Self Assessment Return – What to consider (January 2023)

Self Assessment Return – What to consider (January 2023)


Failure to file electronically by this date will result in a £100 fine in the first instance. Continued non-submission could also mean incurring further penalties.

Are you putting off starting your return or sending information through to your accountant due to being overwhelmed by the information required?

Below are the sources that need to be considered:

SELF EMPLOYMENT –  this includes sole tradership, partnership and LLP. Required are details of Income and Expenditure for the year ended 5th April 2022 if this is your normal year end date, otherwise it is the year ended which falls within the tax year 2021/22.

EMPLOYMENT – If you have had more than one employment during the period 6th April 2021 to 5th April 2022 all need to be included. Information can be obtained from your P60/P45. Any benefits received from employment that have not been taxed through the payroll system will need to be declared. A P11d should have been issued by your employer. Additionally, if you have any employment expenses these need to be entered.

PENSIONS – State pensions or private. Again, the details can be acquired from your P60. If the pension has come to an end in the tax year a P45 should have been issued.

RENTAL INCOME – Income and Expenses for the year ended 5th April 2022. There is the option to claim £1000 rental allowance against rental income if this is higher than the actual expenditure.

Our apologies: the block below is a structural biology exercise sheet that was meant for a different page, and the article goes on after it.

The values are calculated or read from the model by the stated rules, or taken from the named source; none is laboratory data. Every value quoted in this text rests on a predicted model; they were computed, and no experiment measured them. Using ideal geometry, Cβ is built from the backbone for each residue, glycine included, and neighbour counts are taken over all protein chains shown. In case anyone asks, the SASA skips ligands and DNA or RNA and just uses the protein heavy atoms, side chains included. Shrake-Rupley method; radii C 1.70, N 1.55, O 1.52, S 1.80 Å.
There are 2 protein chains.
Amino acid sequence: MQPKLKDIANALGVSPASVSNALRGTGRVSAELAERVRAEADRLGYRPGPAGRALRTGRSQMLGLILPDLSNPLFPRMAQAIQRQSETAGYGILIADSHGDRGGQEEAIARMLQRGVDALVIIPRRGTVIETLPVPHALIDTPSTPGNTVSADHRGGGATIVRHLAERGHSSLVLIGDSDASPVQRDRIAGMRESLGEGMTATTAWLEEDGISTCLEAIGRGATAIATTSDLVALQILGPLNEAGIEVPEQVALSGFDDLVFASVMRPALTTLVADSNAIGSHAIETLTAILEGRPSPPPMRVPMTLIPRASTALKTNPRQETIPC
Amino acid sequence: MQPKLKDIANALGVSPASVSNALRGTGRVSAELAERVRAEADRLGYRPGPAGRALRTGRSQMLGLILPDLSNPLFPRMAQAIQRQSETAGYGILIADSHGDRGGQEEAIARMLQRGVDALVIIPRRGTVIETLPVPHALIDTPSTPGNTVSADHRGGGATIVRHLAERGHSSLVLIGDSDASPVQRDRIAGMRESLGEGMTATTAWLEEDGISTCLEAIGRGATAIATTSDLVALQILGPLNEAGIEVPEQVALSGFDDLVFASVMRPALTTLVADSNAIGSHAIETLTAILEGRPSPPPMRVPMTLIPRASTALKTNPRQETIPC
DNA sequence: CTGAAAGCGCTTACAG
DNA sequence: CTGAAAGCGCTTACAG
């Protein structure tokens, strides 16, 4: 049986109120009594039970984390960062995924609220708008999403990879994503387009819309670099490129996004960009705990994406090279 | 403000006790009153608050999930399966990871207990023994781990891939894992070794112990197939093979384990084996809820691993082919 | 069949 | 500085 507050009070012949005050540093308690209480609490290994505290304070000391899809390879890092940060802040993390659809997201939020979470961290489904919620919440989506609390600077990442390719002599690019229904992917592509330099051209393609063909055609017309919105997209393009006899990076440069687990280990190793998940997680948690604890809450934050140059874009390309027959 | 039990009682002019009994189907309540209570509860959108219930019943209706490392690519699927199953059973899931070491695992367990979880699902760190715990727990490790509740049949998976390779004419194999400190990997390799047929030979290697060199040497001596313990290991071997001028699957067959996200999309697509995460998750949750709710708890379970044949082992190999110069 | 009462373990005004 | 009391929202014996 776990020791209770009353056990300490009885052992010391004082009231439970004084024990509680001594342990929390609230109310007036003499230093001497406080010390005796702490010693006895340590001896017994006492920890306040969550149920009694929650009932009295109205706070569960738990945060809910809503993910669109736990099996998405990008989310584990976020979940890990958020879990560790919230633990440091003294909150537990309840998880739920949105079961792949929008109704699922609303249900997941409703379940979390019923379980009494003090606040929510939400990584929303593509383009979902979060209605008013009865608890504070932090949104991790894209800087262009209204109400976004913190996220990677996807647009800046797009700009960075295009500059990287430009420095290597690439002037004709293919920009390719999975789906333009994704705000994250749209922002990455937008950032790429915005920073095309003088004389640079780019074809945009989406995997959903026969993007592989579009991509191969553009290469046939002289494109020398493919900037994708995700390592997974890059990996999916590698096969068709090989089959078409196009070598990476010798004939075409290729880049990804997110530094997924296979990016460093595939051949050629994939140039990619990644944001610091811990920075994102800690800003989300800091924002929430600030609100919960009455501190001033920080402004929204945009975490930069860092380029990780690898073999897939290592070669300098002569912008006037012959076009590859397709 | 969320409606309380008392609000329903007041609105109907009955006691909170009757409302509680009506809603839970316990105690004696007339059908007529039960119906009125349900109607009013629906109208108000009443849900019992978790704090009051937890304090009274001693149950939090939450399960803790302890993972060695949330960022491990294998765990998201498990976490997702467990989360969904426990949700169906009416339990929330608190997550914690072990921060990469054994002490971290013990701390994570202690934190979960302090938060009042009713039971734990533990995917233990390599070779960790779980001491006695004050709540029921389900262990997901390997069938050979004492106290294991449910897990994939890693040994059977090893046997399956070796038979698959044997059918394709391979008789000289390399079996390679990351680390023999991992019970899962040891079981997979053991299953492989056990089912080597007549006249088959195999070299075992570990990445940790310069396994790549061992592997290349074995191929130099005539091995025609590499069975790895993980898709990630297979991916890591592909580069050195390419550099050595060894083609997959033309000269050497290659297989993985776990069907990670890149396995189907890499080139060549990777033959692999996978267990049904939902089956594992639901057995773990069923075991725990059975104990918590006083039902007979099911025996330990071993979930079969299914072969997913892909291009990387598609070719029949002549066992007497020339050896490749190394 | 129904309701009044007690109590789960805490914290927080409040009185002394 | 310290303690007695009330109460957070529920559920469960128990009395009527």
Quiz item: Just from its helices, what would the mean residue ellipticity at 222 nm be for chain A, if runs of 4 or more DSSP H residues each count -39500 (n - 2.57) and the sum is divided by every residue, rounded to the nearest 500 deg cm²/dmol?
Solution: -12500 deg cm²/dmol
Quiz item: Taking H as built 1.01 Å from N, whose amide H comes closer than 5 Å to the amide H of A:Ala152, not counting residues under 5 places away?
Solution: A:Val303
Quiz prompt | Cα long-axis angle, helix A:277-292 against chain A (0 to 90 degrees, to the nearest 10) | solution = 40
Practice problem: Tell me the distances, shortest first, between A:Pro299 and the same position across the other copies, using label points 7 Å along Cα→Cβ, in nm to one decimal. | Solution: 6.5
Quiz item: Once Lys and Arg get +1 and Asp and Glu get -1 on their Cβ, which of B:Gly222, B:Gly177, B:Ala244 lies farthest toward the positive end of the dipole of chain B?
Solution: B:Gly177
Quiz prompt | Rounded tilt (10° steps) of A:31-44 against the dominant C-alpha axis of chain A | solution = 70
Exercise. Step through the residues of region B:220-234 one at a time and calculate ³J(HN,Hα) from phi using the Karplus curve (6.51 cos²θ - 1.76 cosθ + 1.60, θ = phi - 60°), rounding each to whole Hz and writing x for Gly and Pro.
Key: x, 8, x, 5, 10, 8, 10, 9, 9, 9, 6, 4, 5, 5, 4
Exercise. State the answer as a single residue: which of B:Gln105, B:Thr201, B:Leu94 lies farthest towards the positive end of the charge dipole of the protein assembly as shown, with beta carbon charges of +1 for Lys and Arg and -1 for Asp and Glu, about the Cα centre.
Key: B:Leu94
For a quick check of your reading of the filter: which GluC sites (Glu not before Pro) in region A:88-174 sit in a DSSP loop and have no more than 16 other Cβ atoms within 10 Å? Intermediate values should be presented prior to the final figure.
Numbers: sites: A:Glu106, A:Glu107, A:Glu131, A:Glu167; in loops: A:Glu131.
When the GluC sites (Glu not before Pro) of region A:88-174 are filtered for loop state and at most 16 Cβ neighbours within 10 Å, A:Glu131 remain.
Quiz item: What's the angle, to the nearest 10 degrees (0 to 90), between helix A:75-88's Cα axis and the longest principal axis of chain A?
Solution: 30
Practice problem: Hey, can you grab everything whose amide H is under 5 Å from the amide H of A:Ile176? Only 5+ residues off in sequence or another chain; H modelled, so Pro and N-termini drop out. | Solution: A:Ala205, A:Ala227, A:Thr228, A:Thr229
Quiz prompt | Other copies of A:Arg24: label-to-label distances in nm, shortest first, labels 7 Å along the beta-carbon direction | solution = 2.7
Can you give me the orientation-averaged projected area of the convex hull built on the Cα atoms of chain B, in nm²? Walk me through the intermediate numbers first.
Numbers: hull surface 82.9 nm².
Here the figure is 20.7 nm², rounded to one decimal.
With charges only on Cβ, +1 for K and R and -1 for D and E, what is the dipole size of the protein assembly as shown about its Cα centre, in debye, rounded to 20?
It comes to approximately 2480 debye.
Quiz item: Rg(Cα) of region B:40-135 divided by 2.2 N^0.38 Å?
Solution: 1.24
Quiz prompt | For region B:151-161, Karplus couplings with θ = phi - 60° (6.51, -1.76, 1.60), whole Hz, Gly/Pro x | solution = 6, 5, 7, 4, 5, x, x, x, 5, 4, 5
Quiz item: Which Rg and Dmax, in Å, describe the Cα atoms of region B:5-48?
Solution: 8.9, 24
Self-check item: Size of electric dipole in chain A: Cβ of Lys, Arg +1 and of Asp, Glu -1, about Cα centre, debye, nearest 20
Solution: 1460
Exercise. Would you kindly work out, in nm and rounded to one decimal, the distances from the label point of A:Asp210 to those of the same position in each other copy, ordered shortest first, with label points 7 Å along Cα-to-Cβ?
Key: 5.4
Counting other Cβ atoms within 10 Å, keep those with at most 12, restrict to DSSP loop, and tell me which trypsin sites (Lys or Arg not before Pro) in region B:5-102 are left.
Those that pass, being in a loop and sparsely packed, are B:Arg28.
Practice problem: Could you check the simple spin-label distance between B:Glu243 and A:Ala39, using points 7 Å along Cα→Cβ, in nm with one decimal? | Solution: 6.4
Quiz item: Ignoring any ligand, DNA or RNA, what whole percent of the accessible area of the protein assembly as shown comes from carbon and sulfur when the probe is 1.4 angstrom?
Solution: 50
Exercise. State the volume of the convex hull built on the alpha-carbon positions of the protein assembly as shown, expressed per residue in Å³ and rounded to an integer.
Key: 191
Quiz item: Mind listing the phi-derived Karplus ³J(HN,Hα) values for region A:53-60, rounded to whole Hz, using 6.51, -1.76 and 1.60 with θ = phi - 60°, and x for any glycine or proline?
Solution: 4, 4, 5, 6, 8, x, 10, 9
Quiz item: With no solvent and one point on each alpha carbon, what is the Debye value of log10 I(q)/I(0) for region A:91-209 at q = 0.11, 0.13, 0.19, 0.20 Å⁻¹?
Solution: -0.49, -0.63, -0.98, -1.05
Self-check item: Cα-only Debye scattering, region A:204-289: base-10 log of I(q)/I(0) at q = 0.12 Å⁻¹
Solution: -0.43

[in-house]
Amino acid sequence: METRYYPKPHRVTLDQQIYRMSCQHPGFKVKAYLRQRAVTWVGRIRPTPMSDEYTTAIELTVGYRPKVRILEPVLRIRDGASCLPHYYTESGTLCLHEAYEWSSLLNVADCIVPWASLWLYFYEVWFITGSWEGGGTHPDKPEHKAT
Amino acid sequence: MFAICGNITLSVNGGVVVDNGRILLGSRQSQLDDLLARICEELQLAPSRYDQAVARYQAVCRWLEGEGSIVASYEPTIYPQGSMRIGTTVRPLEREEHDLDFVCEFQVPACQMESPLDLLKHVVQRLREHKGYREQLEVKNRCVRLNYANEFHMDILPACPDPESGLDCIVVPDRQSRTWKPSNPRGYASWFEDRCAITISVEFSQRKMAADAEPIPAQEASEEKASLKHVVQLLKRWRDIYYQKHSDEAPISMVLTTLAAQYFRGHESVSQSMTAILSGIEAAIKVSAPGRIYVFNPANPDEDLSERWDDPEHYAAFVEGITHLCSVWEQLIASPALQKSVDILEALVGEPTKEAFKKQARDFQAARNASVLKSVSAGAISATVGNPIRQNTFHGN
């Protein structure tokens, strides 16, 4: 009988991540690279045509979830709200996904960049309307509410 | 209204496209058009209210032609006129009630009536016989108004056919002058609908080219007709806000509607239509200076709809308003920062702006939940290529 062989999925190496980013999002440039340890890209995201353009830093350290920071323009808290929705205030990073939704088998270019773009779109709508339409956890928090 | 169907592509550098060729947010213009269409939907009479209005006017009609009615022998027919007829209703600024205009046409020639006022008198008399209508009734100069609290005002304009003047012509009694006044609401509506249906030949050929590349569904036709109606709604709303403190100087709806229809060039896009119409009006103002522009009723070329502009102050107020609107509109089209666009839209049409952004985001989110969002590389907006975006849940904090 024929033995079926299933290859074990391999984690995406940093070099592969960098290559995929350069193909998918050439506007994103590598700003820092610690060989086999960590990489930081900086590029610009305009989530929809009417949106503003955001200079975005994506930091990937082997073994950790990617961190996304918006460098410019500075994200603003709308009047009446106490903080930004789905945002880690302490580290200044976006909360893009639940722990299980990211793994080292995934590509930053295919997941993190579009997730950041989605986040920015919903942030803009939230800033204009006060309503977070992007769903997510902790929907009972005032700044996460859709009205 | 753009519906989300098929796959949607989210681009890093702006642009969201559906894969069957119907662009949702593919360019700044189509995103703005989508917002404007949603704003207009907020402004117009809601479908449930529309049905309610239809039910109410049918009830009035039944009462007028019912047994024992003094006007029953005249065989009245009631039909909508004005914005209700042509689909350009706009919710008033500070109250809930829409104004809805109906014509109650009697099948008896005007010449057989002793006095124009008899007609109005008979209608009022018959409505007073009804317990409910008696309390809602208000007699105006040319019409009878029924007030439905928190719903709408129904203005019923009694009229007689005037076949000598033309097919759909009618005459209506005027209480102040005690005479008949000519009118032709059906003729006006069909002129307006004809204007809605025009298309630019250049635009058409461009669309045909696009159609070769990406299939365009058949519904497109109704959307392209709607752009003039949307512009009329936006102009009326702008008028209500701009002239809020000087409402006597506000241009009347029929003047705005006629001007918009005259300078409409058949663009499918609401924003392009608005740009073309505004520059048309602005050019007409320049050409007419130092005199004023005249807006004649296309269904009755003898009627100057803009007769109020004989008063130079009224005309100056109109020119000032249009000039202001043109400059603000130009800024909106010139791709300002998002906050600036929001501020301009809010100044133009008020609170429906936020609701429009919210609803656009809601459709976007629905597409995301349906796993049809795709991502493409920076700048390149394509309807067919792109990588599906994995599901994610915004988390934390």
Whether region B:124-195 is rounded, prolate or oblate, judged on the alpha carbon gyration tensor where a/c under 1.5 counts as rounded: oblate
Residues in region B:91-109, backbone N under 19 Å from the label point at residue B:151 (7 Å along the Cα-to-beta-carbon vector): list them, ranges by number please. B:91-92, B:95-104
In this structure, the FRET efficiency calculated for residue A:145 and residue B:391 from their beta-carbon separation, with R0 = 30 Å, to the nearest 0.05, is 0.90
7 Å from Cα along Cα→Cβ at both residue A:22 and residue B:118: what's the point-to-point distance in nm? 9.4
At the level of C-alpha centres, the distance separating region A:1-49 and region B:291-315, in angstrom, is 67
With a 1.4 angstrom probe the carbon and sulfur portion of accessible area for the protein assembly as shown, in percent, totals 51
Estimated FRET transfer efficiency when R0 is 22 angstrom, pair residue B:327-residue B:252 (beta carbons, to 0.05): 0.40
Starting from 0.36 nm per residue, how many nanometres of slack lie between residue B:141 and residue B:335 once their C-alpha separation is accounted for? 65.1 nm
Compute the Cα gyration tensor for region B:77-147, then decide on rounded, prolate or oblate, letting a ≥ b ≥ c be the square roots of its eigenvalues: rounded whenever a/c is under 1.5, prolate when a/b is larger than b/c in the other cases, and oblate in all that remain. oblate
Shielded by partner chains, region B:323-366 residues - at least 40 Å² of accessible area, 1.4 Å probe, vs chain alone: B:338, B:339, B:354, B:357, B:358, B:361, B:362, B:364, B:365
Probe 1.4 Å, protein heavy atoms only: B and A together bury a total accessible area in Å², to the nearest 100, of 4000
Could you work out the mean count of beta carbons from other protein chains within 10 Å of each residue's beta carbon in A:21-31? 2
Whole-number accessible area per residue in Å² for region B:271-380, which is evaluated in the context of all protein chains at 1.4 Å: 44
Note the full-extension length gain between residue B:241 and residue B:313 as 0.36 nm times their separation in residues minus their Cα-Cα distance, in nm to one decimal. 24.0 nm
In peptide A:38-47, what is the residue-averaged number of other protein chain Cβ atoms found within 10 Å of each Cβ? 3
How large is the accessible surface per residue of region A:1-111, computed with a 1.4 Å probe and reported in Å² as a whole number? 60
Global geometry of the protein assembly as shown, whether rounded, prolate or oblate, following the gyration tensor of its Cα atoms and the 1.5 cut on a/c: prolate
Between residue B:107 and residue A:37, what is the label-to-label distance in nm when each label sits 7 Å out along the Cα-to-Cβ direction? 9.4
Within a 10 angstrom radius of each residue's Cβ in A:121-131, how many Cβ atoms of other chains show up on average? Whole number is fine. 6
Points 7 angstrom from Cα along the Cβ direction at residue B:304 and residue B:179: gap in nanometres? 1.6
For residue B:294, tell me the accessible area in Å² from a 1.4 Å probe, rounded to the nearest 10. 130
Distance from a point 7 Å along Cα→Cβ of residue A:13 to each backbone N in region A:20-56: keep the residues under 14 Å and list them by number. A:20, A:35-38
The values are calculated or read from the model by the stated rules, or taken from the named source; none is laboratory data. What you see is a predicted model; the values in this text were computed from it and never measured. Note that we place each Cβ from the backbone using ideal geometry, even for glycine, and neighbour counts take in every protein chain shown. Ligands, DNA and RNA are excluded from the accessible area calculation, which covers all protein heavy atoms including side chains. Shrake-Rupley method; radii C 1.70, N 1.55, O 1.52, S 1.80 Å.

ANY OTHER INCOME – this includes interest from banks/investments, dividends and covers any other taxable income received in the year.

CAPITAL TRANSACTIONS – If you have sold a capital asset, (other than your personal residence which has been your home during the whole period of ownership). You will need the original cost, disposal proceeds and costs incurred at both acquisition and disposal.

PENSION CONTRIBUTIONS/ CHARITABLE DONATIONS – Most pension contributions from employment receive full tax relief at source and do not need to be entered. However, there are still some circumstances for which higher rate relief needs to be claimed on a Return. Any charitable donations will be entered showing the actual amount you donated.

BUSINESS INVESTMENTS – EIS. A certificate is issued when the business has complied with the relevant conditions.

HIGH INCOME CHILD BENEFIT CHARGE – If you have income in excess of £50,000 and either you or your wife receives Child Benefit details need to be entered.

STUDENT LOAN – If you are employed, student loan repayments are deducted automatically on your payslip. Your P60 should have the total details for the tax year. If you are self-employed questions regarding the loan outstanding will need to be entered in order for the charge to be included within your self-assessment calculation.

MARRIAGE ALLOWANCE – You can transfer some of your personal allowance to your spouse if your income is less than £12,570 for 2021/22 .

BLIND PERSONS ALLOWANCE – For those registered blind.

As you can see above there is a lot to take into account when preparing your personal tax return. Should you require any assistance it is not too late, please contact us on 01482 888 820 and ask for our personal tax team.

Remember – You must also pay your tax due by 31st January as interest will run on any amounts unpaid from that date to the date of payment. The HMRC rate has now increased to 6%!